By Michael Nai Chiu Poon

Eleven Global South Anglican primates released a communiqué at the end of their China visit in September. The discussions in China clearly build on many exchanges and face-to-face meetings between these primates in recent times, especially in the Fourth South-to-South Encounter in Singapore in April 2010. These protracted meetings have taken much time, personnel, and financial resources. And much more resources need to be in place to carry out the plans in the communiqué. The China communiqué, therefore, raises urgent questions. The key issue turns on the ecclesiological nature of whatever Global South Anglican churches plan to do. Briefly:

  1. Can the Global South primates come up with a coherent ecclesiastical structure that can hold their “mission and networking” together, once the existing Communion instruments are deemed dysfunctional? This is all the more urgent since the primates have decided to withdraw participation from key Communion-level instruments. Alternative ecclesial structures (interim or permanent) need to be in place to give corporate expression to their Anglican identity.
  2. Will their churches adopt the Anglican Communion Covenant, in which the existing four instruments assume a central place? After all, Global South churches have played a key role in drafting the Covenant from the start. A Global South Anglican paper was commissioned for study in the South-to-South encounter in 2010 to defend the Covenant. Why the perhaps hesitant note on the Covenant in the communiqué, as if it is something new?
  3. The final words of the communiqué, “The Word of God as revealed in the Holy Scriptures unites us,” echo Bishop K.H. Ting’s words: “The Bible unites us [i.e., the churches across China which do not connect to one another in a hierarchical manner].” Nevertheless, even the China Christian Council now sees the need to draft a constitution to give institutional expression to and to govern its common life. In what concrete ways then will the “orthodox” Anglican churches express their interdependence and accountability?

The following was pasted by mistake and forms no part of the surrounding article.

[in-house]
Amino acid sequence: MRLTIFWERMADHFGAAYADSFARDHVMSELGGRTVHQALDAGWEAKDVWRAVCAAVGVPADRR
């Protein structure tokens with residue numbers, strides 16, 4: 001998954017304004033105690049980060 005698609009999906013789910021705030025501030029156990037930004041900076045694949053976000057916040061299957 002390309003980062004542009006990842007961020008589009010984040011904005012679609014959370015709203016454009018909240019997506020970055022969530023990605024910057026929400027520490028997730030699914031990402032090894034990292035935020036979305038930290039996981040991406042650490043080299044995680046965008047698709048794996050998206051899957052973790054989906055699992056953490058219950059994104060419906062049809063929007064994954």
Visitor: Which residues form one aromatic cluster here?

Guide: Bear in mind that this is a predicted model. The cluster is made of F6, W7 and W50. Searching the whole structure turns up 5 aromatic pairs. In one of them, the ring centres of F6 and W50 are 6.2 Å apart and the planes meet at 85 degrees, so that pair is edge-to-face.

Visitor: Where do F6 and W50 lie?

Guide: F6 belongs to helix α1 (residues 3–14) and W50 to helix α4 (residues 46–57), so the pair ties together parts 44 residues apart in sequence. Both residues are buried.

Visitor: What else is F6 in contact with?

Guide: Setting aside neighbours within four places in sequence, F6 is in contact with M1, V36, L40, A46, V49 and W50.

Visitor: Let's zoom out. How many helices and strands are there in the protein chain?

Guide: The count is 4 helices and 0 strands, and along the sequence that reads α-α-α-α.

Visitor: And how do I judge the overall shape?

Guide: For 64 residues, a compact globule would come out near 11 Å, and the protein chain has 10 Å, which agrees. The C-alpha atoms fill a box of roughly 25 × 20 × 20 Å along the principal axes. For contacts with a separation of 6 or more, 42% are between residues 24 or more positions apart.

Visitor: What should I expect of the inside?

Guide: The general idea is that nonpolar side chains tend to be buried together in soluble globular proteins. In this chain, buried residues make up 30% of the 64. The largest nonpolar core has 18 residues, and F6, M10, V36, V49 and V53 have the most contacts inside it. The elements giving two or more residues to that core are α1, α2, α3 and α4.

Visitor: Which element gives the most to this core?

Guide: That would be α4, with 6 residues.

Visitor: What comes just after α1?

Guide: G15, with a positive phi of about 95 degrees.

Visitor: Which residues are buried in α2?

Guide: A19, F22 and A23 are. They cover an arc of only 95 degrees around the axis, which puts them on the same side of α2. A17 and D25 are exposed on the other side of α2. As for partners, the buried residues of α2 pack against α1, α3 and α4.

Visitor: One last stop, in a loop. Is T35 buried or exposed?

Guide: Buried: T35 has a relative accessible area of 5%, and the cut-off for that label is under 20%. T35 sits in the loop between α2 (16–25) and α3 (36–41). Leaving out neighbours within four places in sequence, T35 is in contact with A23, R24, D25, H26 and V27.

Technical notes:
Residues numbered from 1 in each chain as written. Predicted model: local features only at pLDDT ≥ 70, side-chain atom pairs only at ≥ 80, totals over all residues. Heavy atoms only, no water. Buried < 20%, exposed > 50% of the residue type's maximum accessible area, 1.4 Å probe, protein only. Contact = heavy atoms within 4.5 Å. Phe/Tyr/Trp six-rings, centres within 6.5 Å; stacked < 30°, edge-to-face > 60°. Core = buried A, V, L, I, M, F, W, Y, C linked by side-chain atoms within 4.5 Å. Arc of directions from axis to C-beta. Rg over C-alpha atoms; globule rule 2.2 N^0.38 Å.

4. This question becomes even more acute because the canonical status of the primates varies from province to province. Terms of appointment also vary. At present, the primates-in-council do not have the ecclesiastical status to be the “proper” moral and spiritual authority of their churches, even less for the inter-provincial common life. The provinces would need to do much more solid theological work on their ecclesiology.

All these mean the primates may need to be more disciplined and intellectually constructive to tackle the order and unity questions in their future endeavors. Their credibility is on the line, perhaps in the same way that they see Canterbury’s authority undermined. They owe this to the faithful in their provinces, and to Anglicans worldwide. To whom much is given, much will be required.

The Rev. Dr. Michael Nai Chiu Poon is director and Asian Christianity coordinator of the Centre for the Study of Christianity in Asia, Trinity Theological College. He is a member of the Inter-Anglican Standing Commission for Unity, Faith and Order, and an Anglican member on the Anglican-Roman Catholic International Commission.


About The Author

I am senior editor of The Living Church. My wife, Monica, and I attend St. Matthew’s Church in Richmond, Virginia.

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